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This eBook from the Gutenberg Project consists of approximately 188 pages of information about An Introductory Course of Quantitative Chemical Analysis.

Hydrochloric acid (sp. gr. 1.20) contains 39.80 per cent HCl by weight, and corresponds to a 13.1 N and 13.1 molal solution.

Nitric acid (sp. gr. 1.20) contains 32.25 per cent HNO_{3} by weight, and corresponds to a 6.1 N and 6.1 molal solution: 

Nitric acid (sp. gr. 1.42) contains 69.96 per cent HNO_{3} by weight, and corresponds to a 15.8 N and 15.8 molal solution.

Sulphuric acid (sp. gr. 1.8354) contains 93.19 per cent H_{2}so_{4} by weight, and corresponds to a 34.8 N or 17.4 molal solution.

Sulphuric acid (sp. gr. 1.18) contains 24.74 per cent H_{2}so_{4} by weight, and corresponds to a 5.9 N or 2.95 molal solution.

The term !normal! (N), as used above, has the same significance as in volumetric analyses.  The molal solution is assumed to contain one molecular weight in grams in a liter of solution.

Densities and volumes of water at temperatures from 15-30 deg.C.

Temperature Density.  Volume. 
Centigrade.

4 deg.               1.000000        1.000000
15 deg.               0.999126        1.000874
16 deg.               0.998970        1.001031
17 deg.               0.998801        1.001200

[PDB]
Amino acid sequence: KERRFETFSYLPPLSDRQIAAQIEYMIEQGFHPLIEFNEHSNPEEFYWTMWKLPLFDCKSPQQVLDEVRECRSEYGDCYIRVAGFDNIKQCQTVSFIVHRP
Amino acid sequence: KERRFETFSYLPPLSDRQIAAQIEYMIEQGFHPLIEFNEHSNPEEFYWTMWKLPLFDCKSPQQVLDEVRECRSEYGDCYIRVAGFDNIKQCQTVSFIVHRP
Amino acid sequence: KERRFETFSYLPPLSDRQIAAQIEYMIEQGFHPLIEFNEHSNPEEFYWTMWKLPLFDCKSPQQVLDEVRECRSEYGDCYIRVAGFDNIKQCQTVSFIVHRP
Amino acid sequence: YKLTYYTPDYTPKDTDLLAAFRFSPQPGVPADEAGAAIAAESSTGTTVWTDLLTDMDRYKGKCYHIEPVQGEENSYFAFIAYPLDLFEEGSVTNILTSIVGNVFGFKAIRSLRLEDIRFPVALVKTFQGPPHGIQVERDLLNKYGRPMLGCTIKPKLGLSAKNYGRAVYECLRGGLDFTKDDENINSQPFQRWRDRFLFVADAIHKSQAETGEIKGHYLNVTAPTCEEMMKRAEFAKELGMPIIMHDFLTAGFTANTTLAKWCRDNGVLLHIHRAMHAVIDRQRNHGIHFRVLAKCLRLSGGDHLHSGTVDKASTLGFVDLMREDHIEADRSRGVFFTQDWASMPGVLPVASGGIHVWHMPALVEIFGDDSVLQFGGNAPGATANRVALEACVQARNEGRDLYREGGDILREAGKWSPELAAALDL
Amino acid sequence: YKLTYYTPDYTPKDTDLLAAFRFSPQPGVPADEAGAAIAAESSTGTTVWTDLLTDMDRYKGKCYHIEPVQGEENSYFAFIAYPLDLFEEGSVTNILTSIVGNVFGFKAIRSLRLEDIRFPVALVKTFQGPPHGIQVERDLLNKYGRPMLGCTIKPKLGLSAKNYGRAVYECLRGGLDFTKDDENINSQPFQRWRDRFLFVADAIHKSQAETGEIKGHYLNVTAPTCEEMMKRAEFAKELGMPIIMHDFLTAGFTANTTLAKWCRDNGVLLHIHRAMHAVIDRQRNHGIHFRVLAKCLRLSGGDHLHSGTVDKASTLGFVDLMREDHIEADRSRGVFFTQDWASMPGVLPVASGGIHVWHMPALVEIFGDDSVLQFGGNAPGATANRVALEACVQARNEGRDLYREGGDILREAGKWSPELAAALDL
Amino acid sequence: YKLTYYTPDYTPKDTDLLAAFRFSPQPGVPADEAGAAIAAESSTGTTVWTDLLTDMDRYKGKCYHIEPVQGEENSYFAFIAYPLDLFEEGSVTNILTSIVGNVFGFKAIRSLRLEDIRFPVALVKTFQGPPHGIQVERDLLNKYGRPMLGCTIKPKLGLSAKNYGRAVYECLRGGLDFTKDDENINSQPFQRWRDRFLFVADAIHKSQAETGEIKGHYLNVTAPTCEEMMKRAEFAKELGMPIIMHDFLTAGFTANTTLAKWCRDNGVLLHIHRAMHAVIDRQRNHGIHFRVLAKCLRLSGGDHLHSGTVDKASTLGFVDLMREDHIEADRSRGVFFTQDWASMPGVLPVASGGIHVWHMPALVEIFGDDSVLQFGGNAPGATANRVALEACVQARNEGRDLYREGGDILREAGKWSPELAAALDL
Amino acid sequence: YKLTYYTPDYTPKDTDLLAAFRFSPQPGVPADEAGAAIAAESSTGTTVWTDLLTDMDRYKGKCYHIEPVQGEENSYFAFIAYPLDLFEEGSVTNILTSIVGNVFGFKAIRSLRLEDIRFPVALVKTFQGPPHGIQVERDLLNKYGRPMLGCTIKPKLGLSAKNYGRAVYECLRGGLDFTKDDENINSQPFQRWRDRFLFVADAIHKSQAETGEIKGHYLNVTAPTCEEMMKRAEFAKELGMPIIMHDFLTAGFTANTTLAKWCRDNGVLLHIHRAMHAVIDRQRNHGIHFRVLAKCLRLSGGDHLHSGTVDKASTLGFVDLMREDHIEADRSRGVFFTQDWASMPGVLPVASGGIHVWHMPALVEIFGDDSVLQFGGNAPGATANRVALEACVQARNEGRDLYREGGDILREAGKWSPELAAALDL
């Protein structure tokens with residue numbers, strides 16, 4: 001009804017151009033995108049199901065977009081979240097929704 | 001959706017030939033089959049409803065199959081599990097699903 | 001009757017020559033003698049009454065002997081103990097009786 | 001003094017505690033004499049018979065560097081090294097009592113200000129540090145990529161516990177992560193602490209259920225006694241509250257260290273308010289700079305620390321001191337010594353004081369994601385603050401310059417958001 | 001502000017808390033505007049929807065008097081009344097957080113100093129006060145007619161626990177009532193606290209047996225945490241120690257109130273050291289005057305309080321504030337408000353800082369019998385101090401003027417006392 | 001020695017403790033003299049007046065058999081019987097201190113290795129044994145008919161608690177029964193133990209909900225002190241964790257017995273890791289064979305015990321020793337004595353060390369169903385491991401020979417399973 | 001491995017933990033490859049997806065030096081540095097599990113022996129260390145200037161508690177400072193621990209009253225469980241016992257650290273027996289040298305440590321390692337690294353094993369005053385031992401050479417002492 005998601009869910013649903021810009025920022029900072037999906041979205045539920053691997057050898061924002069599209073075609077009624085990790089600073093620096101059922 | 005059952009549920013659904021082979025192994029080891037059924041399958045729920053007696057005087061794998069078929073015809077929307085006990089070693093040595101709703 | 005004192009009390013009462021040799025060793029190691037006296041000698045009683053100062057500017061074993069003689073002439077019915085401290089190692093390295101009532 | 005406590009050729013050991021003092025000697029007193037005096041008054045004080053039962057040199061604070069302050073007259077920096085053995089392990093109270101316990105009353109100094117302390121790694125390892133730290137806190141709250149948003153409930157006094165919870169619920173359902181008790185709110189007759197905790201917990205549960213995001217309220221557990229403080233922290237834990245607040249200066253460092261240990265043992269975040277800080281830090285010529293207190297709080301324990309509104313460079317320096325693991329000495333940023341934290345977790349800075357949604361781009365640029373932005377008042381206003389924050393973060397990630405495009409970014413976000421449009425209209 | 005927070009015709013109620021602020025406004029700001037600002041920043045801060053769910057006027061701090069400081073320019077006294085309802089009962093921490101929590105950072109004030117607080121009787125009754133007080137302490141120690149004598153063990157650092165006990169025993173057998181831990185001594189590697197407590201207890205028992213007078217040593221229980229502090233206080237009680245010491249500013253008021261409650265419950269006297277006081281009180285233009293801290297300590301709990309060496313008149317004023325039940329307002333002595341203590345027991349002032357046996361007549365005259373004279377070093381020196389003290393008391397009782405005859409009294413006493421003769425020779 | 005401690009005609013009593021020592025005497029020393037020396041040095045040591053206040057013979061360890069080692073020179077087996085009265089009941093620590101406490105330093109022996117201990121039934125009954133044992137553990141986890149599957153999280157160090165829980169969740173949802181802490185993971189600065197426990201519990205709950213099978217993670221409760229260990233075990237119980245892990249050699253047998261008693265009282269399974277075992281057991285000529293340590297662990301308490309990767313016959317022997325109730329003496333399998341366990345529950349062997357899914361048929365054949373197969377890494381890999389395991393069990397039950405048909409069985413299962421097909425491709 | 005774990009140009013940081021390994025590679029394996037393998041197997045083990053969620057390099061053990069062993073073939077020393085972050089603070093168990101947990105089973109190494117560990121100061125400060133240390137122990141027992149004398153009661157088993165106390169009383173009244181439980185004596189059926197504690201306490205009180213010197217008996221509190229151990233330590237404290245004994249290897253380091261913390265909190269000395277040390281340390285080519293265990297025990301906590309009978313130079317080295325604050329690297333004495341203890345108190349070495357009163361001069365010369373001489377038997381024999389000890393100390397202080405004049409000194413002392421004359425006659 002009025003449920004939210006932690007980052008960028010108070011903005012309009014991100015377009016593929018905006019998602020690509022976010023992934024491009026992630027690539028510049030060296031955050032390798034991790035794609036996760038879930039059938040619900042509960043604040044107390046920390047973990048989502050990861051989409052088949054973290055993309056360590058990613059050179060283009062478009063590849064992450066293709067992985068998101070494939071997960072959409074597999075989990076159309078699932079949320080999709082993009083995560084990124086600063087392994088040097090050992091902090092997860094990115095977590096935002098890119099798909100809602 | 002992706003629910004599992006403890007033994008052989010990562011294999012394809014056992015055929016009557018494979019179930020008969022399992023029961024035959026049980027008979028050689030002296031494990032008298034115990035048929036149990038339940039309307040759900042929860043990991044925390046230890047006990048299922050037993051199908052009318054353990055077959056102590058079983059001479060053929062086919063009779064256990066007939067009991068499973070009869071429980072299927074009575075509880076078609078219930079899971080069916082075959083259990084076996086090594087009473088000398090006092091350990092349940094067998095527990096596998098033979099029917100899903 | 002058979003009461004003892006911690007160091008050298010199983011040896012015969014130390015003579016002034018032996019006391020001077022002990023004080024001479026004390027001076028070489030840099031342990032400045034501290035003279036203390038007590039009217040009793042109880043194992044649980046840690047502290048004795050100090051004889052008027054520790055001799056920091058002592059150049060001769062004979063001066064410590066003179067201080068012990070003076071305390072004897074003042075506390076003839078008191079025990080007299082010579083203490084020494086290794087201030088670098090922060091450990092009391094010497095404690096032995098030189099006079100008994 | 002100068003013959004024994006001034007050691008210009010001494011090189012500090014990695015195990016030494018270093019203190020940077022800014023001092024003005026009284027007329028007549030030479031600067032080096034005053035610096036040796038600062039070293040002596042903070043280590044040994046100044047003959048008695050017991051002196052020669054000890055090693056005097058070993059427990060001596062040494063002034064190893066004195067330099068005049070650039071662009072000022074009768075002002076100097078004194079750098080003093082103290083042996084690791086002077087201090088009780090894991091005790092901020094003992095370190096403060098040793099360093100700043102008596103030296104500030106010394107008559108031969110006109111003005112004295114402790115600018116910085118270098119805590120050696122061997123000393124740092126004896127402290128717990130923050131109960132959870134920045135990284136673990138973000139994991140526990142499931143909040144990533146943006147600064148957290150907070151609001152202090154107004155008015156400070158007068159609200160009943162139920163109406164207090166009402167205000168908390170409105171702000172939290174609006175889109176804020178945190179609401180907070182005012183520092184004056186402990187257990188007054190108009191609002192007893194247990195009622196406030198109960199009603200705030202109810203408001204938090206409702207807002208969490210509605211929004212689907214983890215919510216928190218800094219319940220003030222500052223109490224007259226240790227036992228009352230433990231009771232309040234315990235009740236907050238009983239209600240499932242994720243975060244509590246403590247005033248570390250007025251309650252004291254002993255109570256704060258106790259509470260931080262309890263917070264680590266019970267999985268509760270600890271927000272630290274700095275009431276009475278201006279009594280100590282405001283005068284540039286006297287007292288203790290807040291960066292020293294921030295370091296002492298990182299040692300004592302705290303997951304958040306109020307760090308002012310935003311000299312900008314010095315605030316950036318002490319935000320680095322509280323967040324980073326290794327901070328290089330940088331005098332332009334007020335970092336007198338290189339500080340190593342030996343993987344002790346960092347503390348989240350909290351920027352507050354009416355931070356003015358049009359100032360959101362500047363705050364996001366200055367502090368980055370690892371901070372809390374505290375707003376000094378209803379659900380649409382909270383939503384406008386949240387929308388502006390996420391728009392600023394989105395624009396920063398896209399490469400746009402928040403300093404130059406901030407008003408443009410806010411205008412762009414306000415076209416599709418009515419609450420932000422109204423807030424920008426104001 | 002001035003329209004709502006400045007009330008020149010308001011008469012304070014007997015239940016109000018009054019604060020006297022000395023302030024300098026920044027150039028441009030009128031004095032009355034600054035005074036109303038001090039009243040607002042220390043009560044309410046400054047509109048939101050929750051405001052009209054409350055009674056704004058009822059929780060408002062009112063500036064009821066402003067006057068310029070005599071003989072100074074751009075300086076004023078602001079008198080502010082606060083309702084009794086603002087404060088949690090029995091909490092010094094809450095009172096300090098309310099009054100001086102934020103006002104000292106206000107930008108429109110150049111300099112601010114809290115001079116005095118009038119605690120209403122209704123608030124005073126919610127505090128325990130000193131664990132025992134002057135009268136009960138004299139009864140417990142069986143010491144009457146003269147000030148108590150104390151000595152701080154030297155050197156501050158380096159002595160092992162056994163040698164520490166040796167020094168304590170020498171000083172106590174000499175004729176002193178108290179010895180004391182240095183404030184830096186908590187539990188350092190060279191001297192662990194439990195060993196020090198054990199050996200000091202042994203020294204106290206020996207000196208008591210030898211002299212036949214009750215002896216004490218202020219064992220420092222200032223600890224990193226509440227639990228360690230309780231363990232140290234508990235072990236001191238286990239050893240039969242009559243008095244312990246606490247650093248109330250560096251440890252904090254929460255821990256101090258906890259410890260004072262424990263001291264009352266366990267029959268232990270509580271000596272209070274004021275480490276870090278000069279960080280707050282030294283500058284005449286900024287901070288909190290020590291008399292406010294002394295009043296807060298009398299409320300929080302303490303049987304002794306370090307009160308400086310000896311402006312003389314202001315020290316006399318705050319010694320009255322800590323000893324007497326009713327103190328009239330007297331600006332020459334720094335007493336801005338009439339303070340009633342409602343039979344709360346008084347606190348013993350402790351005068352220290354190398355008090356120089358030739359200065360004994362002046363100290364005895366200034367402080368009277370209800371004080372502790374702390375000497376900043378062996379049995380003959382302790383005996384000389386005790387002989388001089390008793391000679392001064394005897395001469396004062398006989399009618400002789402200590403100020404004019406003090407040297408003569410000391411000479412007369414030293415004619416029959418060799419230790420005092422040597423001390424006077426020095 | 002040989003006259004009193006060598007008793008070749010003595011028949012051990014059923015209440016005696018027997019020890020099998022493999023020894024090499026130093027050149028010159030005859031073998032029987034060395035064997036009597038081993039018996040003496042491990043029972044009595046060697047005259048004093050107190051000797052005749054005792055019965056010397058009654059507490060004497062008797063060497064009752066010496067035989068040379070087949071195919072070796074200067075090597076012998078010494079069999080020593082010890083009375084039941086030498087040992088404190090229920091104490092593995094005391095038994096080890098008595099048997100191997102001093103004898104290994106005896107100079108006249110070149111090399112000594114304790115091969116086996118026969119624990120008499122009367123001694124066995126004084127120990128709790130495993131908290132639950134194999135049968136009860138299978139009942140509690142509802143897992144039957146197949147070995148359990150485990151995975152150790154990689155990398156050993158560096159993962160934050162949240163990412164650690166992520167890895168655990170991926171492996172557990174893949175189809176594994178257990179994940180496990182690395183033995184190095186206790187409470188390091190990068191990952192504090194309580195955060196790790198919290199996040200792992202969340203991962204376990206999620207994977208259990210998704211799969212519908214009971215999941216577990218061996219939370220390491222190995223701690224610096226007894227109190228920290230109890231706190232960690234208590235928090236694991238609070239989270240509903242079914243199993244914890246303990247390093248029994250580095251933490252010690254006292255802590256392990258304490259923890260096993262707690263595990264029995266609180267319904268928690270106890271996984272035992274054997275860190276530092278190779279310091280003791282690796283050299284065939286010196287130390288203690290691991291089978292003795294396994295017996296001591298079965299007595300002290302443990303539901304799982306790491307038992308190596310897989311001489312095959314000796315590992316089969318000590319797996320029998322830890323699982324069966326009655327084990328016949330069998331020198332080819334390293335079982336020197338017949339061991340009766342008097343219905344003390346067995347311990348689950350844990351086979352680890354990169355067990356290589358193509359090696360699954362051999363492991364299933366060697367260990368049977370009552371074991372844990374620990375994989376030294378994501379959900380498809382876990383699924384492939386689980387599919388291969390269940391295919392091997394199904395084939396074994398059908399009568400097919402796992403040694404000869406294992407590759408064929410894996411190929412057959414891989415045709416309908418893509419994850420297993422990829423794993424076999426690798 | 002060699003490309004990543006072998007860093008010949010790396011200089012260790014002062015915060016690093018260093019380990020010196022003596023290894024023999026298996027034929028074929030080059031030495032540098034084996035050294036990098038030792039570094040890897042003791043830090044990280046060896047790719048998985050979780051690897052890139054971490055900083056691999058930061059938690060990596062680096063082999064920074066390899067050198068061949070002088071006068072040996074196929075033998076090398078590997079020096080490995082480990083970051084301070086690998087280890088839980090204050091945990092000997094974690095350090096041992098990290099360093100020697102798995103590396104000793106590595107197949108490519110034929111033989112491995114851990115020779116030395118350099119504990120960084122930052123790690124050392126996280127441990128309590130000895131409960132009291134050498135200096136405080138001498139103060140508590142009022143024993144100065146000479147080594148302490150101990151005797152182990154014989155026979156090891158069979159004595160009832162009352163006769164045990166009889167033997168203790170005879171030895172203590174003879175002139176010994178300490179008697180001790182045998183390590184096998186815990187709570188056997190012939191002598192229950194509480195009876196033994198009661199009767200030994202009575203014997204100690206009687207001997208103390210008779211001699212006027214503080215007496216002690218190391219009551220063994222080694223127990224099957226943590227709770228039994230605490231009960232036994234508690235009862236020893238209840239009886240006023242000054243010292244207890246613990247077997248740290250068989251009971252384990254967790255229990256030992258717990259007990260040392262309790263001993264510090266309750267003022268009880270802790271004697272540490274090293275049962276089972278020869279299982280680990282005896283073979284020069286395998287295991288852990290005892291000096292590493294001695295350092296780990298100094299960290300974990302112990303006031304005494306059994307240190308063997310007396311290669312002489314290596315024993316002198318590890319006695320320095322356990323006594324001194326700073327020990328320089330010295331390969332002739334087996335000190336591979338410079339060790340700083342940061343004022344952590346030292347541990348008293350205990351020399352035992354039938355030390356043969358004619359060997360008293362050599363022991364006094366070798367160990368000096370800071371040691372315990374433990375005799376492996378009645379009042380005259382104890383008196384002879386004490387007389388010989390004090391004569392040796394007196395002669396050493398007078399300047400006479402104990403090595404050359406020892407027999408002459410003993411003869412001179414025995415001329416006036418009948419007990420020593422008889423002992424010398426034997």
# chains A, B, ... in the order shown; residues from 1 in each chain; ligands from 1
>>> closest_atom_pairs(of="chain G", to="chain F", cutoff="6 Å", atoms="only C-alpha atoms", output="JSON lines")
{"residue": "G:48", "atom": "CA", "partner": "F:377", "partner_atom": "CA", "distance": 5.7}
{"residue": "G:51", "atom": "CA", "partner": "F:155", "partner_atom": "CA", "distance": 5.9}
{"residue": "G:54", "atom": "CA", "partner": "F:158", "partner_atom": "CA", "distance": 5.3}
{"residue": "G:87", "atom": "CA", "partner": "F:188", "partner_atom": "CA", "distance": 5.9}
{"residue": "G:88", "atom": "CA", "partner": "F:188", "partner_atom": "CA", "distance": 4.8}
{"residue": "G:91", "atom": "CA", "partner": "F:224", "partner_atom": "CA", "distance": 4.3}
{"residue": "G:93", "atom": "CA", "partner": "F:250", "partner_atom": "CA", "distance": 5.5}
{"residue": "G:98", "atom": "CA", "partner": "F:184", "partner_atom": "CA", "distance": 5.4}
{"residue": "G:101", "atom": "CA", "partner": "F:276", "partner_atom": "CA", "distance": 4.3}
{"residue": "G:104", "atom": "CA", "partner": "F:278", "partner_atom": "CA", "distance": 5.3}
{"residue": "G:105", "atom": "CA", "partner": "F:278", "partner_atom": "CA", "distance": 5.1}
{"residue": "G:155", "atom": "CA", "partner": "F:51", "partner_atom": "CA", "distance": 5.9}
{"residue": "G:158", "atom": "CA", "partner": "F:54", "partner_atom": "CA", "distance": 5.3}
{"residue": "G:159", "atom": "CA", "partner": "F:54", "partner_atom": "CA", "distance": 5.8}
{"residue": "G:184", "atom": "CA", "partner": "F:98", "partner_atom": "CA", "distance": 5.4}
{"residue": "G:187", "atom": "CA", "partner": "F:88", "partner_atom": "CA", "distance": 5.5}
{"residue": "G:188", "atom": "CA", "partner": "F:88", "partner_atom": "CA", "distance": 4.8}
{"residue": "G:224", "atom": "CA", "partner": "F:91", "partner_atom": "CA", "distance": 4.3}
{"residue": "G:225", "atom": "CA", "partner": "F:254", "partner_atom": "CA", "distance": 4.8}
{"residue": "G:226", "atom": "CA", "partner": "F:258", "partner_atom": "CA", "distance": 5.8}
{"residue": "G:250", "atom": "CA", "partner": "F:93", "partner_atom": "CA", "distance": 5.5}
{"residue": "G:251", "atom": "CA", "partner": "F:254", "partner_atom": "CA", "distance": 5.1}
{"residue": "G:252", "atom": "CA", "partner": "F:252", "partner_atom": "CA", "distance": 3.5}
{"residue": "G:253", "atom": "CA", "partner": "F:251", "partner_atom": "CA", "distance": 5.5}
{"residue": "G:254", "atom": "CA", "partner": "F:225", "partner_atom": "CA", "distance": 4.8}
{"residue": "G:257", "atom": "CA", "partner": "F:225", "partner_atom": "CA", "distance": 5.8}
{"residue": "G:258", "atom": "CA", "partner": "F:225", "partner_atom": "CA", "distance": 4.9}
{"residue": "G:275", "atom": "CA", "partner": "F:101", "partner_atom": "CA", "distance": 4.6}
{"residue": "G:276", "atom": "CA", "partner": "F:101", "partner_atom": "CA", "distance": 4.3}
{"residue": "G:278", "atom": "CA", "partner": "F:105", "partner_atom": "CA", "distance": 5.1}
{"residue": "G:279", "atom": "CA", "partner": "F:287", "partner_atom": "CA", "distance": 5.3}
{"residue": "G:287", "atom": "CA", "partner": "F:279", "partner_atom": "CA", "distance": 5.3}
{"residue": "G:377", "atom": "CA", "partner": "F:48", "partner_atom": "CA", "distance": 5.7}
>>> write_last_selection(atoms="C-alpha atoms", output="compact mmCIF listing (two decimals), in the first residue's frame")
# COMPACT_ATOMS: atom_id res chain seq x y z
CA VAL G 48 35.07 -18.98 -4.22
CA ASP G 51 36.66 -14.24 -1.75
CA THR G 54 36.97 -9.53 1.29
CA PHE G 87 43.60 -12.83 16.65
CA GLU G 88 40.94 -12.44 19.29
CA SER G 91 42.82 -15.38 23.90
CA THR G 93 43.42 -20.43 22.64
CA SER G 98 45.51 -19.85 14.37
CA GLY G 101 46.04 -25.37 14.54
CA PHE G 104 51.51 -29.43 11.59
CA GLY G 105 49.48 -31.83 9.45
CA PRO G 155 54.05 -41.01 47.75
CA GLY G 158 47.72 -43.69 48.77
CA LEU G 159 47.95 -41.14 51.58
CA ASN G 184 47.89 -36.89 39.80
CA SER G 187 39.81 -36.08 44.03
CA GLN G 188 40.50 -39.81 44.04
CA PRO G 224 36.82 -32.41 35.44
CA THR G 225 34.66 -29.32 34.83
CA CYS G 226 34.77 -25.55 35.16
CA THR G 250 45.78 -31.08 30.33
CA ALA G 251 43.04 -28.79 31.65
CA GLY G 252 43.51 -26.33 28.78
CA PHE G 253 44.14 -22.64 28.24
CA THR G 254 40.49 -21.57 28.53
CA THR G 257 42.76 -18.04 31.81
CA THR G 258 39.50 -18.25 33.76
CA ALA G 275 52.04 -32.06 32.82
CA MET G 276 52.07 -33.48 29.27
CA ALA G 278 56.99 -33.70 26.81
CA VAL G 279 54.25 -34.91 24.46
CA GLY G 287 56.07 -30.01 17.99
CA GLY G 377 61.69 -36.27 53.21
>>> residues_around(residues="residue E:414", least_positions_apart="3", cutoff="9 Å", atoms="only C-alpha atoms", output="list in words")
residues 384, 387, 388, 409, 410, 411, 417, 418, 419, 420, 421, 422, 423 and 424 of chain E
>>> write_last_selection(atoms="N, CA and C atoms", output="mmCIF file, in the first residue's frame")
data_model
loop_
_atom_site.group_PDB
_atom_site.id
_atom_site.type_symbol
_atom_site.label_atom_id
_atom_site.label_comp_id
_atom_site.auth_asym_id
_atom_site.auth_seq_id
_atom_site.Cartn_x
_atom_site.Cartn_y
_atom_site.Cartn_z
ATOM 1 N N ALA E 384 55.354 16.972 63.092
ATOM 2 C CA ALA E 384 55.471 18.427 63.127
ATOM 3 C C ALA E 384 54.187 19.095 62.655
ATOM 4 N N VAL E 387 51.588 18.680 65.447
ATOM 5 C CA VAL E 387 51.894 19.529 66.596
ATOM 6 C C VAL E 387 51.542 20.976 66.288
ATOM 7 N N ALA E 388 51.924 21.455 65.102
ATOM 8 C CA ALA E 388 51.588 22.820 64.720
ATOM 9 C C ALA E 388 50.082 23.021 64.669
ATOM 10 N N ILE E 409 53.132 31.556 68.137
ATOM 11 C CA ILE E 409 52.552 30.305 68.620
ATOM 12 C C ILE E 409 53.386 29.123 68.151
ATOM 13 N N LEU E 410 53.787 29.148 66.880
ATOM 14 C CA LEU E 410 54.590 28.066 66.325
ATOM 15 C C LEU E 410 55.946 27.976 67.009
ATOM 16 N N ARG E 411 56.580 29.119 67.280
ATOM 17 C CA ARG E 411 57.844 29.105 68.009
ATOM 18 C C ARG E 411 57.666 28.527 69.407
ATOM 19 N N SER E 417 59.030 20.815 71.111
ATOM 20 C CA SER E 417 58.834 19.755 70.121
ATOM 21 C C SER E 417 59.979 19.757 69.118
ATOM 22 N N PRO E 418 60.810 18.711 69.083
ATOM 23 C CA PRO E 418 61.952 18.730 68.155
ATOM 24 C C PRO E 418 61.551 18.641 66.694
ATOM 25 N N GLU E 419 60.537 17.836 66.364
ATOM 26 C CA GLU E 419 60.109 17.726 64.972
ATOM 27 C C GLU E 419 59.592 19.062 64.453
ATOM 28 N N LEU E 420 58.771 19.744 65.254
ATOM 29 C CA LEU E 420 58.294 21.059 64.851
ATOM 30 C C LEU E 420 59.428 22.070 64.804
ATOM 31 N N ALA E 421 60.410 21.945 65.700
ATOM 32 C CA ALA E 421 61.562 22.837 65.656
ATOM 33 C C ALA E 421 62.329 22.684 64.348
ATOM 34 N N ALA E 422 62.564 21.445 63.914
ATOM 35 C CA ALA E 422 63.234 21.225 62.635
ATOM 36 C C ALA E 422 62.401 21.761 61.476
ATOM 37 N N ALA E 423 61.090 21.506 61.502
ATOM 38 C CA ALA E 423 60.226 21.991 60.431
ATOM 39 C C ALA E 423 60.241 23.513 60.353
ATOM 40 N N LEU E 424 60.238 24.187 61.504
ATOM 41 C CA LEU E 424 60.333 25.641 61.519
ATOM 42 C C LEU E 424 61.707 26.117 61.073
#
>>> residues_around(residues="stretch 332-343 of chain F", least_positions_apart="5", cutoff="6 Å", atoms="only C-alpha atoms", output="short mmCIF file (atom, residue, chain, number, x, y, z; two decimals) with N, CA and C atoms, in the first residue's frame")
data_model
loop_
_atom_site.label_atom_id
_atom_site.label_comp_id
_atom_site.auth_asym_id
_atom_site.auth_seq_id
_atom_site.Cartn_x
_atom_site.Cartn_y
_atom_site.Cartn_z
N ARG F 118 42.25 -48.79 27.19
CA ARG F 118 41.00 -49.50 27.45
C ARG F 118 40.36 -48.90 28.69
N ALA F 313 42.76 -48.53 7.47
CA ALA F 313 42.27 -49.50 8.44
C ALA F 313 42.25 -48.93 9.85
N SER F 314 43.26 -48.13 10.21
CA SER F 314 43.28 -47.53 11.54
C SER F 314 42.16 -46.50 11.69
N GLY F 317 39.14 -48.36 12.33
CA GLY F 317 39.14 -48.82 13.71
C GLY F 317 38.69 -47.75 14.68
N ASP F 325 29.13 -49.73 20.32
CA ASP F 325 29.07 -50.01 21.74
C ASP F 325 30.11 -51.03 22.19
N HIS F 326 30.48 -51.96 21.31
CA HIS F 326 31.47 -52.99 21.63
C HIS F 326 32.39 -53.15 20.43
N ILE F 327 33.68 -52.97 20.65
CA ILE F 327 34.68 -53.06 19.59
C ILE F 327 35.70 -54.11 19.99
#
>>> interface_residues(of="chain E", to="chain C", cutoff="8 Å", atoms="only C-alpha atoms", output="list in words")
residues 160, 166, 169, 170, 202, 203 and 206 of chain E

18 deg.               0.998622        1.001380
19 deg.               0.998432        1.001571
20 deg.               0.998230        1.001773
21 deg.               0.998019        1.001985
22 deg.               0.997797        1.002208
23 deg.               0.997565        1.002441
24 deg.               0.997323        1.002685
25 deg.               0.997071        1.002938
26 deg.               0.996810        1.003201
27 deg.               0.996539        1.003473
28 deg.               0.996259        1.003755
29 deg.               0.995971        1.004046
30 deg.               0.995673        1.004346

Authority:  Landolt, Boernstein, and Meyerhoffer’s !Tabellen!, third edition.

CORRECTIONS FOR CHANGE OF TEMPERATURE OF STANDARD SOLUTIONS

The values below are average values computed from data relating to a considerable number of solutions.  They are sufficiently accurate for use in chemical analyses, except in the comparatively few cases where the highest attainable accuracy is demanded in chemical investigations.  The expansion coefficients should then be carefully determined for the solutions employed.  For a compilation of the existing data, consult Landolt, Boernstein, and Meyerhoffer’s !Tabellen!, third edition.

                                     Corrections for 1 cc. 
   Concentration. of solution between
                                        15 deg. and 35 deg.C.

Normal                            .00029
0.5 Normal                            .00025
0.1 Normal or more dilute solutions   .00020

The volume of solution used should be multiplied by the values given, and that product multiplied by the number of degrees which the temperature of the solution varies from the standard temperature selected for the laboratory.  The total correction thus found is subtracted from the observed burette reading if the temperature is higher than the standard, or added, if it is lower.  Corrections are not usually necessary for variations of temperature of 2 deg.C. or less.

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